Interpreting portraits: Macquarie 1810-2010

Izabela Pluta

1 Jan 2010

Hawkesbury Regional Gallery in Windsor, NSW commissioned 7 artists to respond to the idea of the portrait, specifically in reference to the unlike collection of portraits that exist of Governor Lauchlan Macquarie. The exhibition, Interpreting portraits: Macquarie 1810-2010 examines issues surrounding authenticity, history and the veracity of the painted image. The exhibition juxtaposed colonial portraits of Macquarie and his contemporaries, as well as new works interpreting Macquarie and his times.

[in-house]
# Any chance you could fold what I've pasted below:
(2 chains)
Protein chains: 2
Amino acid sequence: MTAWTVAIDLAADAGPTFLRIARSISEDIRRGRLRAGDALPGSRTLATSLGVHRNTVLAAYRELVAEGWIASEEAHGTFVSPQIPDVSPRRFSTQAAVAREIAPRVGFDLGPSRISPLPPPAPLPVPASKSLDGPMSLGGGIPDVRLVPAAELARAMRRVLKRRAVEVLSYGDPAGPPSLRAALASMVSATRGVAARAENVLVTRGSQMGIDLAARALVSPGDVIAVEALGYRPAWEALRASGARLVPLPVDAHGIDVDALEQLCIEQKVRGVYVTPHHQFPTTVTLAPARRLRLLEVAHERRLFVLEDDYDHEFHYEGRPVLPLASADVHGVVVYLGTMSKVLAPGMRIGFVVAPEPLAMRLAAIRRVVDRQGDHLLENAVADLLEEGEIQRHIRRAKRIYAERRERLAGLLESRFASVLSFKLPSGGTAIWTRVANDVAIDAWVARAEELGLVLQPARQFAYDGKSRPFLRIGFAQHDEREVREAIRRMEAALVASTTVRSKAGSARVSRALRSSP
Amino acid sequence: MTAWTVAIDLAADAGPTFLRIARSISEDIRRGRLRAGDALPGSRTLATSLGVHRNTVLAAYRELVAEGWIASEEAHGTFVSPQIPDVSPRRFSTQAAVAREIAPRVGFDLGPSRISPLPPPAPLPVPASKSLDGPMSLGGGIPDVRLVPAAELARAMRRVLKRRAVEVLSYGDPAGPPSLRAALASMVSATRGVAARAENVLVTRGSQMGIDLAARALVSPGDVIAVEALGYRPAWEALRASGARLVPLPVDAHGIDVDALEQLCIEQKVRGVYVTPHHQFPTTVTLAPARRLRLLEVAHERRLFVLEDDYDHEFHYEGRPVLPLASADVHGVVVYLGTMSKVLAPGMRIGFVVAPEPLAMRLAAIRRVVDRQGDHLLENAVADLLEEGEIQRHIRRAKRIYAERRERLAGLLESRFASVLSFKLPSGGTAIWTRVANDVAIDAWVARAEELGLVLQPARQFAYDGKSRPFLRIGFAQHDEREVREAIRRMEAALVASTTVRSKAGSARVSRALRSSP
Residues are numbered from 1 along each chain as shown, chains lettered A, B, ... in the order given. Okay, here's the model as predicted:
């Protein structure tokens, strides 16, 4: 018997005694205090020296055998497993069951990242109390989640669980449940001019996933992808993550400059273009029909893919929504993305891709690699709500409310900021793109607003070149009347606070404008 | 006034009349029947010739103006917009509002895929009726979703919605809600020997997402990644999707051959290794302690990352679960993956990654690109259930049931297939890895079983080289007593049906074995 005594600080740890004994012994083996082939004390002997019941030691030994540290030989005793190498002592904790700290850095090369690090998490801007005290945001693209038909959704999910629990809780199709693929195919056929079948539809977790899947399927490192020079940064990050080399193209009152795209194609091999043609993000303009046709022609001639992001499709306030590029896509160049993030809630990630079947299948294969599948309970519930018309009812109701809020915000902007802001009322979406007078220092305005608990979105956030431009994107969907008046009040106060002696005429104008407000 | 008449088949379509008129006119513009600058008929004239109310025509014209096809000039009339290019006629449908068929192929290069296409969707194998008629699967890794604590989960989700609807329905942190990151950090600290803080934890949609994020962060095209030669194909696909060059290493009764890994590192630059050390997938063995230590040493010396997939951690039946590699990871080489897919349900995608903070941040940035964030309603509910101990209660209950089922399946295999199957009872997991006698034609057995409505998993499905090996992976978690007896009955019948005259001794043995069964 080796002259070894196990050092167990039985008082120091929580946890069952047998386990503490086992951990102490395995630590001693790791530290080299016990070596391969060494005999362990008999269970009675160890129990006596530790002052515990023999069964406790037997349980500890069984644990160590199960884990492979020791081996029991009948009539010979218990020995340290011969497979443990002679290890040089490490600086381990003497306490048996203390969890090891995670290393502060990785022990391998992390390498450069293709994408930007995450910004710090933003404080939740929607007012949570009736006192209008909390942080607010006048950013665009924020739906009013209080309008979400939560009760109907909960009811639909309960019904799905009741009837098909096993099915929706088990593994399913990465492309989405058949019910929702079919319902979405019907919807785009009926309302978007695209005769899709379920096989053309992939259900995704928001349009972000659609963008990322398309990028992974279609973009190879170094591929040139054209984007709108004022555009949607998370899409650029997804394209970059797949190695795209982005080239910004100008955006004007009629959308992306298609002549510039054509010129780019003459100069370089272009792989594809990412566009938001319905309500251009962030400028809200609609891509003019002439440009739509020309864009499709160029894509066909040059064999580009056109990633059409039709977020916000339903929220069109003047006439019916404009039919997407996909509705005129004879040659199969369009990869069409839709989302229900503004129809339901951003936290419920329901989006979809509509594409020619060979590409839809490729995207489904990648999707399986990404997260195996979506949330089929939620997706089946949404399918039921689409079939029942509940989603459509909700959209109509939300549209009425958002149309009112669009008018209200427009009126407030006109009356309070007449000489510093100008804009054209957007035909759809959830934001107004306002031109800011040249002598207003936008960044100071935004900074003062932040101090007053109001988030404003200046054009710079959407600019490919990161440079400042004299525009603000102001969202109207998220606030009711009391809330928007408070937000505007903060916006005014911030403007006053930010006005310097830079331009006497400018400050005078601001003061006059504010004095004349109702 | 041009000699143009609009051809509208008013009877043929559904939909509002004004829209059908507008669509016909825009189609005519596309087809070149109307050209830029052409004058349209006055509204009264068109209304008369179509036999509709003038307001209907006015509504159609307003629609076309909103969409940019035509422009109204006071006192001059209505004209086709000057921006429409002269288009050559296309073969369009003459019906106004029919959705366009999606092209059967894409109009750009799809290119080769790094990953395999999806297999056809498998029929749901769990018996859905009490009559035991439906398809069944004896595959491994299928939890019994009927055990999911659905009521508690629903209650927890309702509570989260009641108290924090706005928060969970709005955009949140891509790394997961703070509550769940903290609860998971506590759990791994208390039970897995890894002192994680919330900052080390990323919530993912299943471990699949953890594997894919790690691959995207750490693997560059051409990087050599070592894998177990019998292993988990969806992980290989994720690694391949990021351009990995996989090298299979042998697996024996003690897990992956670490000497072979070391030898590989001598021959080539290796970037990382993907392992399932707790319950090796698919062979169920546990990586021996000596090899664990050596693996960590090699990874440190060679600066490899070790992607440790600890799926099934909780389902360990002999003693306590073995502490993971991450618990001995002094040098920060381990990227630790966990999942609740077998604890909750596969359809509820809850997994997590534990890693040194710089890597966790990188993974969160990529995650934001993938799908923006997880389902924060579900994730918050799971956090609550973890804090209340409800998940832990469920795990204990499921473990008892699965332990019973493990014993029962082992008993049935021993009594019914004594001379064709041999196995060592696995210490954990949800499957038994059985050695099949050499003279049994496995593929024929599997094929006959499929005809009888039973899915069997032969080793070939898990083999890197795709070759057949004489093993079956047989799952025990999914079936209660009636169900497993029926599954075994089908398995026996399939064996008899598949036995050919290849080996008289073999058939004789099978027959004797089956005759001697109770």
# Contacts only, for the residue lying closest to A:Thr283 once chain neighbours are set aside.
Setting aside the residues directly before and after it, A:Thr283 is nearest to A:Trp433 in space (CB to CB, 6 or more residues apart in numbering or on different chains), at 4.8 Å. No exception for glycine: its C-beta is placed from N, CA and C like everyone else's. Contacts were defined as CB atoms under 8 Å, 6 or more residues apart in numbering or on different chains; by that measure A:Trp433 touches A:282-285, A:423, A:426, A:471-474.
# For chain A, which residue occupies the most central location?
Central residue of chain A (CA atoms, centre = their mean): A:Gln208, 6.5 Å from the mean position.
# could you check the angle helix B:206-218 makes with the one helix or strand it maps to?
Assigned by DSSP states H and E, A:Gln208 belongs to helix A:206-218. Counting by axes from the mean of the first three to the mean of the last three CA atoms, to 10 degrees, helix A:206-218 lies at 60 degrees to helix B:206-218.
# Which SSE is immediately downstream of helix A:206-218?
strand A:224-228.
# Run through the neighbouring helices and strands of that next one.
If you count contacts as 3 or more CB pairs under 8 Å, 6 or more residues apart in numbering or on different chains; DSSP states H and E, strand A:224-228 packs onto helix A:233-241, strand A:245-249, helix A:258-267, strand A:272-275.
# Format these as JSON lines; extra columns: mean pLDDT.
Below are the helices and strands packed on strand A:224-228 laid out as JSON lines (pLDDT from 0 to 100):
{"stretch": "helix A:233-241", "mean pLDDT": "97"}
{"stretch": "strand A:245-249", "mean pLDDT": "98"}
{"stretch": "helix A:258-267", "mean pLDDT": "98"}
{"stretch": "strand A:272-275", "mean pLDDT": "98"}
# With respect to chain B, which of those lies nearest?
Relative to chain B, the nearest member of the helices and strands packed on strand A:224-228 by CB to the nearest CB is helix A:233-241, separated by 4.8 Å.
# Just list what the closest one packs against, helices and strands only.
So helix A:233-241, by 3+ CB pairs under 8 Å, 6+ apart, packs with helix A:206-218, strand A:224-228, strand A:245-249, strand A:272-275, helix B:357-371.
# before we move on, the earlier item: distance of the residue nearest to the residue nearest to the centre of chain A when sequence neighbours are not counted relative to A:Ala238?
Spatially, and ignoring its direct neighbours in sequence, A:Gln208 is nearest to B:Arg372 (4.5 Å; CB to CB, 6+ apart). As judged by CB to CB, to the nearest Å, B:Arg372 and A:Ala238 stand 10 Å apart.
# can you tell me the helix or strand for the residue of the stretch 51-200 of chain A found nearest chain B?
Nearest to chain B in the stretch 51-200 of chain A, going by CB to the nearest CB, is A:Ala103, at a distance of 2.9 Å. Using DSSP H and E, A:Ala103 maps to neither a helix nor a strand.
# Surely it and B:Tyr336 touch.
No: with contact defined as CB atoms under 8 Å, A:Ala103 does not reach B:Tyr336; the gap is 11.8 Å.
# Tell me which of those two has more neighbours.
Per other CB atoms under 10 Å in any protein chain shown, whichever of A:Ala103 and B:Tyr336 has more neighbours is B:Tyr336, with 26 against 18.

Pluta’s body of work specifically responded to a news story from 2009 that described the journey of Lauchlan Macquarie’s sculpture (nicknamed “the Flasher” due to the way he is holding his coat) when it was removed from the gardens at Sydney’s Parliament House, and placed in it’s carpark, wrapped in blue tarpaulin. Allegedly, it was moved moved into storage at the Royal Botanical Gardens where it remained waiting to be resurrected – while many advocates requested replicas to be made and distributed into areas significant to the popular governor. Coincidently, it was repositioned in the forecourt of The Mint the month prior to the work being completed. The second component is a series of works on paper: the latitude/longitude co-ordinates of the location of the stored sculpture – it’s ‘alleged’ location from the Monuments of Australia website; and the aerial view of Macquarie’s mausoleum on the Ise of Mull, serendipitous concealed by cloud cover.